void CreateTable(string tableName, string modelTable);
    bool TableExists(string tableName);
    void DeleteTable(string tableName);

    IEnumerable<Column> GetColumns(string tableName);
    void AddColumn(string tableName, Column column);
    void AddColumns(string tableName, params Column[] columns);
    void RemoveColumn(string tableName, string columnName);

    IEnumerable<Index> GetIndexes(string tableName);
    void AddNonClusteredIndex(string tableName, params Index.Column[] columns);
    void AddNonClusteredIndexes(string tableName, params Index.ColumnSet[] indexColumns);
    void RemoveNonClusteredIndex(string tableName, string indexName);
}

We create a TableSchema object by passing in a connection manager and an optional profiler. You can create a TableSchema object with the new keyword or one of the static factory methods. There is a connection manager that takes a System.Data.SqlConnection or connection string and one that takes an NHibernate.ISession (When using NHibernate integration).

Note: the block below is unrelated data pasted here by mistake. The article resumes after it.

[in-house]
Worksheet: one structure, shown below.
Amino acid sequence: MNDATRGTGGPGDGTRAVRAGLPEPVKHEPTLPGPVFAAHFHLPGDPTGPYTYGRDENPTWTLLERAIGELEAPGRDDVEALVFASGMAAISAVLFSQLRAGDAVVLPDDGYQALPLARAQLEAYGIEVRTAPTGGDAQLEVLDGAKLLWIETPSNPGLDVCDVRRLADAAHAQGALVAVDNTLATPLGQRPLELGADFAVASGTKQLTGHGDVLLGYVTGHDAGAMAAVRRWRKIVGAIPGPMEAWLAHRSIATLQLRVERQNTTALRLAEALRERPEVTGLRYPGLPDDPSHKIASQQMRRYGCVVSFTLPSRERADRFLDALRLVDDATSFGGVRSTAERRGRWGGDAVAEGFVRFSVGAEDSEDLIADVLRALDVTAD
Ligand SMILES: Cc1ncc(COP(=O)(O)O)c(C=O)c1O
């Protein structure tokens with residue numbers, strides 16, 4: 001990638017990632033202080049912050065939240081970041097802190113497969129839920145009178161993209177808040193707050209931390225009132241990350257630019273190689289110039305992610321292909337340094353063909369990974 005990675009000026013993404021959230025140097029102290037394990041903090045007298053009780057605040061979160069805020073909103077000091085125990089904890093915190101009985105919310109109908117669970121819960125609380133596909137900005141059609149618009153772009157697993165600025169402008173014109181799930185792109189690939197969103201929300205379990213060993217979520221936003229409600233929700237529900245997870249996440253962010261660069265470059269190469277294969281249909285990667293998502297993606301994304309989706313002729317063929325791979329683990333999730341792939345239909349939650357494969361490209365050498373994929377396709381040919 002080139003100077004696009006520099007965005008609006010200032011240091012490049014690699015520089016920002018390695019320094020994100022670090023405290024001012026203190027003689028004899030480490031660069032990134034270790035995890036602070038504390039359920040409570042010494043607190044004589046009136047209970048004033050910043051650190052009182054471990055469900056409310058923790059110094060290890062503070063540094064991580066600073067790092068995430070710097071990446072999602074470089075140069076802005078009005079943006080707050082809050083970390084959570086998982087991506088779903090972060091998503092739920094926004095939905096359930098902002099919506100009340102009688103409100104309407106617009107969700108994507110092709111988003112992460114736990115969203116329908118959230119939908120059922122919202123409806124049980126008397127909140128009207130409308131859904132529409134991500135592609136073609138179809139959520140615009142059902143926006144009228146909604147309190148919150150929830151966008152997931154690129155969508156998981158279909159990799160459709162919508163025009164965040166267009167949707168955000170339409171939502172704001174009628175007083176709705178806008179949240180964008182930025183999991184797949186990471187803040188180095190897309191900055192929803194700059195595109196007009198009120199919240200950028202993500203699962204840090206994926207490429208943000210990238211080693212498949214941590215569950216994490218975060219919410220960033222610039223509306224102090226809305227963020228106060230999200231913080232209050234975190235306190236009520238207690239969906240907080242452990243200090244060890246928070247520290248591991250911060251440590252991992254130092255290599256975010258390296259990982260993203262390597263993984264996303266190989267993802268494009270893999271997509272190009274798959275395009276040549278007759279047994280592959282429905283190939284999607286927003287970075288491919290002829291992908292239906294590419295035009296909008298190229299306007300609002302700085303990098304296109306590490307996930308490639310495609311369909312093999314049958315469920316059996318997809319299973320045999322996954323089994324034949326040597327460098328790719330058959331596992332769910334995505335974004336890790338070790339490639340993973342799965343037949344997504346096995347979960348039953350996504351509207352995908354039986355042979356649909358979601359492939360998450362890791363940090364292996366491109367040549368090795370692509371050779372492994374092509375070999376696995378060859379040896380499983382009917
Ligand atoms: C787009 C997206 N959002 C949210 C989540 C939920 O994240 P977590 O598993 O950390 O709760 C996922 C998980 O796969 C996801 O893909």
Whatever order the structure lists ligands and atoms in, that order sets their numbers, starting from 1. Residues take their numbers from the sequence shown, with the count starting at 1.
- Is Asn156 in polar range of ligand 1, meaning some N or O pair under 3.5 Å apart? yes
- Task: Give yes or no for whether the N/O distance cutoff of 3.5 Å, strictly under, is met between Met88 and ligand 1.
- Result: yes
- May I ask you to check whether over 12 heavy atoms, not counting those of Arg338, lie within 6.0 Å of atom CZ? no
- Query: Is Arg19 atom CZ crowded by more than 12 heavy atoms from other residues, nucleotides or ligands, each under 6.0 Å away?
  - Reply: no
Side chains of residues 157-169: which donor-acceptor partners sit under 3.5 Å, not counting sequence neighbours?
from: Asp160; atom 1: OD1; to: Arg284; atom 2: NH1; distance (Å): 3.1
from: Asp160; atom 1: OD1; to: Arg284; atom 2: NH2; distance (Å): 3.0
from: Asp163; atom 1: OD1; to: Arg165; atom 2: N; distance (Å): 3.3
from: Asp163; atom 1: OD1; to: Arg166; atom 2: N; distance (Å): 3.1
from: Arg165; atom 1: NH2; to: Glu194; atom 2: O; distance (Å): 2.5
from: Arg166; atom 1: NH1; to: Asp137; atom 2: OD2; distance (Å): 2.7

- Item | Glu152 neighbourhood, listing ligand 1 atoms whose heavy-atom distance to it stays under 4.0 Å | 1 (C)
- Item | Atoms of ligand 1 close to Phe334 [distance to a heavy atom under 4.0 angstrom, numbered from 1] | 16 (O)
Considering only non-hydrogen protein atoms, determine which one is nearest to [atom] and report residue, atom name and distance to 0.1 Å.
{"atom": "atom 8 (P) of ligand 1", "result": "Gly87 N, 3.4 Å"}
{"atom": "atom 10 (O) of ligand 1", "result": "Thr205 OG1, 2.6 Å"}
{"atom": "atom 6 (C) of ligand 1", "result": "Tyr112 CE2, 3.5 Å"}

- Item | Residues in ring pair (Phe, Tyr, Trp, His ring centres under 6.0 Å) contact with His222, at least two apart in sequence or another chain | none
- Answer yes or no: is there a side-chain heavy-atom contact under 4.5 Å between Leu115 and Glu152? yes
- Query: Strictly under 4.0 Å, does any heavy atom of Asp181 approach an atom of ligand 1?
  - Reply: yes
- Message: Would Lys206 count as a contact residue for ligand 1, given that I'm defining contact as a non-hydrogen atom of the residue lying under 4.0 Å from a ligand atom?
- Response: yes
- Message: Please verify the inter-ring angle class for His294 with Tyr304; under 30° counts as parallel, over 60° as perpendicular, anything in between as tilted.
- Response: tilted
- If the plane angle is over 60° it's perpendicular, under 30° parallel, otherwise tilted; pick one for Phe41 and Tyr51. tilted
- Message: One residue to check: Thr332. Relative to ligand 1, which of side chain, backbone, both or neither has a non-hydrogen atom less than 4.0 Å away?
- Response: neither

// Connection string and console profiler
using (var connectionManager = new ConnectionManager("server=localhost...")) 
{
    var tableSchema = TableSchema.Create(connectionManager, profiler: new ConsoleProfiler());
    ...
}

// NHibernate session
using (var session = sessionFactory.OpenSession()) 
{
    var connectionManager = new Gribble.NHibernate.ConnectionManager(session);
    var tableSchema = TableSchema.Create(connectionManager);
    ...
}

The TableSchema object allows you to do the following:

  • Create a table: CreateTable
  • Create a table using an existing table schema as a template: CreateTable
  • Check if a table exists: TableExists
  • Delete a table: DeleteTable
  • Get table columns: GetColumns
  • Add table columns: AddColumn, AddColumns
  • Remove table columns: RemoveColumn
  • Get table indexes: GetIndexes
  • Add non clustered indexes: AddNonClusteredIndex, AddNonClusteredIndexes
  • Remove non clustered index: RemoveNonClusteredIndex